I think an observation made in the now-dormant thread on patents has some bearing here.
There is no differential between hammock body and fly here. The guylines are pulling apart the sides of the body to keep it taut.The tent is suspended by the ridge from a heavy rope supported on trees or posts. It is kept taut on the side by tent ropes attached to stakes driven in the ground.
These guylines are not placed asymmetrically however. A modern hammock sold with symmetrically placed guylines on its body ought to be outside the domain of a patent that specifically claims asymmetric placement as a protected invention. In an earlier posting I pointed the Hennessey patent on tie-outs
hat-tip to ac33 for finding the 1904 book!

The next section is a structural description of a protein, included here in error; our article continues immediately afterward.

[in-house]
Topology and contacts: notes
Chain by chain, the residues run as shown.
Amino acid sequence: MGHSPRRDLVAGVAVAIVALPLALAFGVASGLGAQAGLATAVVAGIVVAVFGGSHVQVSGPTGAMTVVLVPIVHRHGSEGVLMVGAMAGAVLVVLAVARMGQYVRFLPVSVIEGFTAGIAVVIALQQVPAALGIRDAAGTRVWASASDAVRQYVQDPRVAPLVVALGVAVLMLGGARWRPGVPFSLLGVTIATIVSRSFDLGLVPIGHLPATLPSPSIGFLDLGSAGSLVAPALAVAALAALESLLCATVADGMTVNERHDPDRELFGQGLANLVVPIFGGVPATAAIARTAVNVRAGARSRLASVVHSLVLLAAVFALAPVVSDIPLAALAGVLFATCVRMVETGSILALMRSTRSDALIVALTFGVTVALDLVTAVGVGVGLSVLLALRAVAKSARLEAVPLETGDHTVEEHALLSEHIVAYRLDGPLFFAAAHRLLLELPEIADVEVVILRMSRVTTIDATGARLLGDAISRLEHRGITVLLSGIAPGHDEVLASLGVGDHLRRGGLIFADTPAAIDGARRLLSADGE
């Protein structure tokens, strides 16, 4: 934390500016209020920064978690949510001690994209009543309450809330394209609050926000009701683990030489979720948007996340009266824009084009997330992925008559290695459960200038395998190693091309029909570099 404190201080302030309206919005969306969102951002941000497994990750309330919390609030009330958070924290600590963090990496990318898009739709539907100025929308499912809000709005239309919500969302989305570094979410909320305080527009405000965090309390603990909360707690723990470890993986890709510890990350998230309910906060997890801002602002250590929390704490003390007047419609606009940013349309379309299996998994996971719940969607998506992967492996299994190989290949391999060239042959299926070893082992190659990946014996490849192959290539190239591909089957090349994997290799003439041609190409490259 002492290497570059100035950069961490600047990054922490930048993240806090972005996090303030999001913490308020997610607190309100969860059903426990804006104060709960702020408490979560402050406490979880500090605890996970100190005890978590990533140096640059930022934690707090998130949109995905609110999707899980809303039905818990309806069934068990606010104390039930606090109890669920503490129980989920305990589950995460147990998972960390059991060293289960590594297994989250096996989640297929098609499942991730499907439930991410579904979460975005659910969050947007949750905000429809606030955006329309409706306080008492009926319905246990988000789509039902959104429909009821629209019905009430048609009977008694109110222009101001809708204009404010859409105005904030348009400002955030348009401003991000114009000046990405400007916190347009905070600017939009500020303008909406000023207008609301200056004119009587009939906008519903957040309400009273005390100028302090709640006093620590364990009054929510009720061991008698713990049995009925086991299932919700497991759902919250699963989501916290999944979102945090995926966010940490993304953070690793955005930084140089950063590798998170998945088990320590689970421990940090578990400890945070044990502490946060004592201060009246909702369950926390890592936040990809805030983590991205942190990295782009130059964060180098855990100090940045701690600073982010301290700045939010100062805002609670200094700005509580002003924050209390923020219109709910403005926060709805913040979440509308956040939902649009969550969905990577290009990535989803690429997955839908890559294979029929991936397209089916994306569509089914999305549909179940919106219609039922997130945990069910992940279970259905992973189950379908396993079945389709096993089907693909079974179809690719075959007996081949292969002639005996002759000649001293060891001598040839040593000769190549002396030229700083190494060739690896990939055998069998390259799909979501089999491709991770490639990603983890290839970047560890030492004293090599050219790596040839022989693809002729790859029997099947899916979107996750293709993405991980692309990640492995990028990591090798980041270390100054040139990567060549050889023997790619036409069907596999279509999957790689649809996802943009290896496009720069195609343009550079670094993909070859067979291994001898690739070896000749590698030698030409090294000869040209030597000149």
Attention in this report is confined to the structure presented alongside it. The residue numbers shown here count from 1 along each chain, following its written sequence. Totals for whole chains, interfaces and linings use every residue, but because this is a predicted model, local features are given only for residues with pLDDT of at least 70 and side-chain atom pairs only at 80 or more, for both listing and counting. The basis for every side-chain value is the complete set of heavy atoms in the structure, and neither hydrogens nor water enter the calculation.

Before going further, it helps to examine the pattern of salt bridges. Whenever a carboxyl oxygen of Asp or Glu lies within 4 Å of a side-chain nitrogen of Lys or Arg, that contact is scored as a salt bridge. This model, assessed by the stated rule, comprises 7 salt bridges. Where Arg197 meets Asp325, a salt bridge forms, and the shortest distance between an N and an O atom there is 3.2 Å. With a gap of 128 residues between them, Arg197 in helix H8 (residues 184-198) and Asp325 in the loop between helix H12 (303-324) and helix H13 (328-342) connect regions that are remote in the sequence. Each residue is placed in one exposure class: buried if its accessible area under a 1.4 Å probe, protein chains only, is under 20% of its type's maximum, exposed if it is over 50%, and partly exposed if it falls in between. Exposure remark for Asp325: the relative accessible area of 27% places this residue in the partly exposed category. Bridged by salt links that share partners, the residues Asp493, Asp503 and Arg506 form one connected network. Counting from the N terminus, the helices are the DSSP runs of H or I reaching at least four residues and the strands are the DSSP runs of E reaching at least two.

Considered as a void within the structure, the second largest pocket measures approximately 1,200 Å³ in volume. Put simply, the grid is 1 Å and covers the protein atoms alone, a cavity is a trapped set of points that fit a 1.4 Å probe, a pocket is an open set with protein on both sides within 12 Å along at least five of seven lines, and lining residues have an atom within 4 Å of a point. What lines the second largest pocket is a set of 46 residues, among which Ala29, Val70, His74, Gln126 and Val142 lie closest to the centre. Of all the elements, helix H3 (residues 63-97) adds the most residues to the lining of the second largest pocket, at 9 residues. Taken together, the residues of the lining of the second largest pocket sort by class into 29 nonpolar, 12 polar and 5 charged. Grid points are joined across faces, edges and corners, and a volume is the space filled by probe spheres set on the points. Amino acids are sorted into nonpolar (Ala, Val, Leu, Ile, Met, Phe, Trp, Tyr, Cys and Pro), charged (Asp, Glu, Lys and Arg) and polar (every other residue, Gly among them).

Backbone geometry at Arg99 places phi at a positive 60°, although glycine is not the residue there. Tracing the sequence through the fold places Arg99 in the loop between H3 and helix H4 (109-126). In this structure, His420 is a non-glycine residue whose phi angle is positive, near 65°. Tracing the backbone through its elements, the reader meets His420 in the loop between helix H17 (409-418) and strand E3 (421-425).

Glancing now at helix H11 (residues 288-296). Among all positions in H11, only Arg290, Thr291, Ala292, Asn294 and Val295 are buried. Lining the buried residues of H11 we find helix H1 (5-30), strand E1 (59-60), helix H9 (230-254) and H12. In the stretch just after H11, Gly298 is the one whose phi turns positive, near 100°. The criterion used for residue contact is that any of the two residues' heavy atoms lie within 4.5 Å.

See also the image of the S3 "with fly" attached
It has, on close inspection a line visible which I don't think is a
fly's guyline. It's the dark one at about 7 o'clock from the tent body.
The guyline for the fly corner closest to the observer is barely visible.
Text describing the shelter describes the fly as having 6 guylines, so the
one at 7 o'clock is something else. Text description on Weather Resistence says
"The sides of the fly, as well as the hammock can be staked down to provide additional stability".